On December 10, 2015, President Obama signed the Every Student Succeeds Act (“ESSA”) into law. This Act will bring significant changes to public education, most notably, giving the states greater control over student achievement measures, particularly with regard to the lowest performing school. Additionally, it will afford school districts greater discretion in evaluating teachers and strategizing for their retention. In effect, ESSA will displace most measures put into place through No Child Left Behind (“NCLB”).
While some are celebrating (President Obama even noting that the bipartisan bill-signing was a “Christmas miracle”), others have expressed doubt that the effects of these reform efforts will be felt at the school-based level. While the effects of this act is yet to be seen, some of the most important changes brought forth by ESSA are outlined below:
- Changes to testing and accountability requirements – Continues certain annual testing requirements (annual math and reading testing 3rd-8th grade, once at high school level) but encourages assessment using additional, broader measures; allows states to audit time spent on testing and create “targets” using federal funds; removes adequate yearly progress (“AYP”) requirements and replaces with state-created goals with interim reviews
- Shifts greater authority to the states with regard to school evaluations and reform measures – (i.e. states can create their own accountability systems utilizing a range of statutory factors, considering factors beyond test scores; states can assign weight to factors, with some restrictions)
- Removes sanctions and interventions prescribed by NCLB – States to identify school districts needing “comprehensive support and improvement” and implement a collaborative school improvement plan, engaging both the local educational agency and community stakeholders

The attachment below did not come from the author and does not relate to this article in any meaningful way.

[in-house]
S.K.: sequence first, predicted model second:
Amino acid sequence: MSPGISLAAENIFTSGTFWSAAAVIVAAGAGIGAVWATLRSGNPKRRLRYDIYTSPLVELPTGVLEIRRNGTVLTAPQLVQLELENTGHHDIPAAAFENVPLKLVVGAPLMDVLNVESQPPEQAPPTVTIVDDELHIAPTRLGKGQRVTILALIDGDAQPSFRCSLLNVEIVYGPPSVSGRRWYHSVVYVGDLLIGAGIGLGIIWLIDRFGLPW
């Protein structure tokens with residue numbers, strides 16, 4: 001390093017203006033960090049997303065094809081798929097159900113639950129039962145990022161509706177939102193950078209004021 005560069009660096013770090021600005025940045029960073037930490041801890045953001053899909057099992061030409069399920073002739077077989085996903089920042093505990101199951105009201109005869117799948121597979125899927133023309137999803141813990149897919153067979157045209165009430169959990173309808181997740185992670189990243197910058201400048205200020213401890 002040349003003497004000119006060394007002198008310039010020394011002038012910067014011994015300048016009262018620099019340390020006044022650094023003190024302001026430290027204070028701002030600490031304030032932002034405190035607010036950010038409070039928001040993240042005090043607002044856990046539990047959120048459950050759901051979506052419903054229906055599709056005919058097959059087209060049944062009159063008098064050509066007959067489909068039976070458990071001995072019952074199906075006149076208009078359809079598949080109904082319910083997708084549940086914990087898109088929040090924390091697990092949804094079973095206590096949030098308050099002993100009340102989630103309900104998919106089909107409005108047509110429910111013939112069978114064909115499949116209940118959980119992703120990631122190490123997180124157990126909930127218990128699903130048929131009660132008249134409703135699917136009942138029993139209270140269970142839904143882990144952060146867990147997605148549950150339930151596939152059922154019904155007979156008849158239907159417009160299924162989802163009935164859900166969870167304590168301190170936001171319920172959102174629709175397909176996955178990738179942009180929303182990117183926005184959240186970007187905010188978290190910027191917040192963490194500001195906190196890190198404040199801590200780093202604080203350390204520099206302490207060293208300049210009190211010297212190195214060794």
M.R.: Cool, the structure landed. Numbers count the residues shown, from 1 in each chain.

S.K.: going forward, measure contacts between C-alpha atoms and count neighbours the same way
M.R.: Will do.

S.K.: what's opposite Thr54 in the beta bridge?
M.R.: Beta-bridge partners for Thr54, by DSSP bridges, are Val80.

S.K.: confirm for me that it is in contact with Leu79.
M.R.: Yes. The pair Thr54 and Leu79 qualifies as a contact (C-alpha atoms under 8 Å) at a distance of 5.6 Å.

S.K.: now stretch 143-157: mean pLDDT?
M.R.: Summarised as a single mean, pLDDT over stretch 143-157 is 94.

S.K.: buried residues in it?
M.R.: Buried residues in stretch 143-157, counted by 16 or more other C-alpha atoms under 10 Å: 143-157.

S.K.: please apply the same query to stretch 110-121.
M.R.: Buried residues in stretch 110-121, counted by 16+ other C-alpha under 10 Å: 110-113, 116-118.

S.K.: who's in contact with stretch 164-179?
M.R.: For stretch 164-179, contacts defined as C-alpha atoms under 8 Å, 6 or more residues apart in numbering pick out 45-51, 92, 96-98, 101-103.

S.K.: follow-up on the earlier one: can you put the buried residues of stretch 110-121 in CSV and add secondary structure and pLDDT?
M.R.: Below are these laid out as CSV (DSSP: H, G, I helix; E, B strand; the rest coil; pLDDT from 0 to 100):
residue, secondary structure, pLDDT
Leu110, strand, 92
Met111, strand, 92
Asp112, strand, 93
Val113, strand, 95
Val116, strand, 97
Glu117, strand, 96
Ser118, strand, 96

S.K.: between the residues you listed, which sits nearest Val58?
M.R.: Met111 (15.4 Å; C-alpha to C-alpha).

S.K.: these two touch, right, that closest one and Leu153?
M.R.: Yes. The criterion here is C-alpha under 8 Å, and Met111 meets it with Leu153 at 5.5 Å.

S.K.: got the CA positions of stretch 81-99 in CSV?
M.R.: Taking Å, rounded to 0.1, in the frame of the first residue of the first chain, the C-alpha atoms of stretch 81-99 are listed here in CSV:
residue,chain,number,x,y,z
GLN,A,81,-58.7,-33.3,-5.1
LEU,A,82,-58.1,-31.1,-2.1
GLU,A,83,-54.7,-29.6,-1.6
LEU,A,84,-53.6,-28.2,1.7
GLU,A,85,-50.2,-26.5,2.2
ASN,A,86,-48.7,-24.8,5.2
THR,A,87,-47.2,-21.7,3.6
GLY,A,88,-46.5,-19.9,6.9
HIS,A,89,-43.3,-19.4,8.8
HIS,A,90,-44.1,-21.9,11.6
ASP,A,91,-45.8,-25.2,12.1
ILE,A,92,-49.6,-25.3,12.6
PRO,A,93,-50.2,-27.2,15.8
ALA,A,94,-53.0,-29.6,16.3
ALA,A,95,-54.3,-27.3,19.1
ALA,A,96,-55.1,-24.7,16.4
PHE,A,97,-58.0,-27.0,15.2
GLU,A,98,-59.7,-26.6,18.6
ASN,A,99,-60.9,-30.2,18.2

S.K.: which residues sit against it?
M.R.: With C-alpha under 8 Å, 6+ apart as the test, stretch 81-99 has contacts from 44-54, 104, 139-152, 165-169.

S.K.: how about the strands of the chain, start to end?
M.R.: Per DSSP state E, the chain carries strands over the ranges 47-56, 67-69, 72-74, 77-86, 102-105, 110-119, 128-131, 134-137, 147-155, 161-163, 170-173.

- Addresses early childhood education – Allocation of federal grant money to preschools with low-income populations through a Preschool Development Grant of up to $250 million each year.
- Teacher Training and Development – Removes “highly qualified teacher” requirement imposed by NCLB and does not provide mandated teacher evaluation requirements; allows states and districts to utilize Title II funds for a range of teacher performance and development-related activities.
Over the course of the next year, we will continue to provide further information pertaining to the transition time table and implications for local school districts.
By: Laura M. Julien
If you have any questions concerning ESSA, or other school law issues, please contact Peter K. Wilson, Bernard K. Weiler, Jessica L. Briney, or Laura M. Julien, of Mickey, Wilson, Weiler, Renzi & Andersson, P.C., 2111 Plum Street, Suite 201, Aurora, Illinois 60506. Telephone Number:630-801-9699, or by E-mail at: email@example.com; firstname.lastname@example.org; email@example.com; and firstname.lastname@example.org.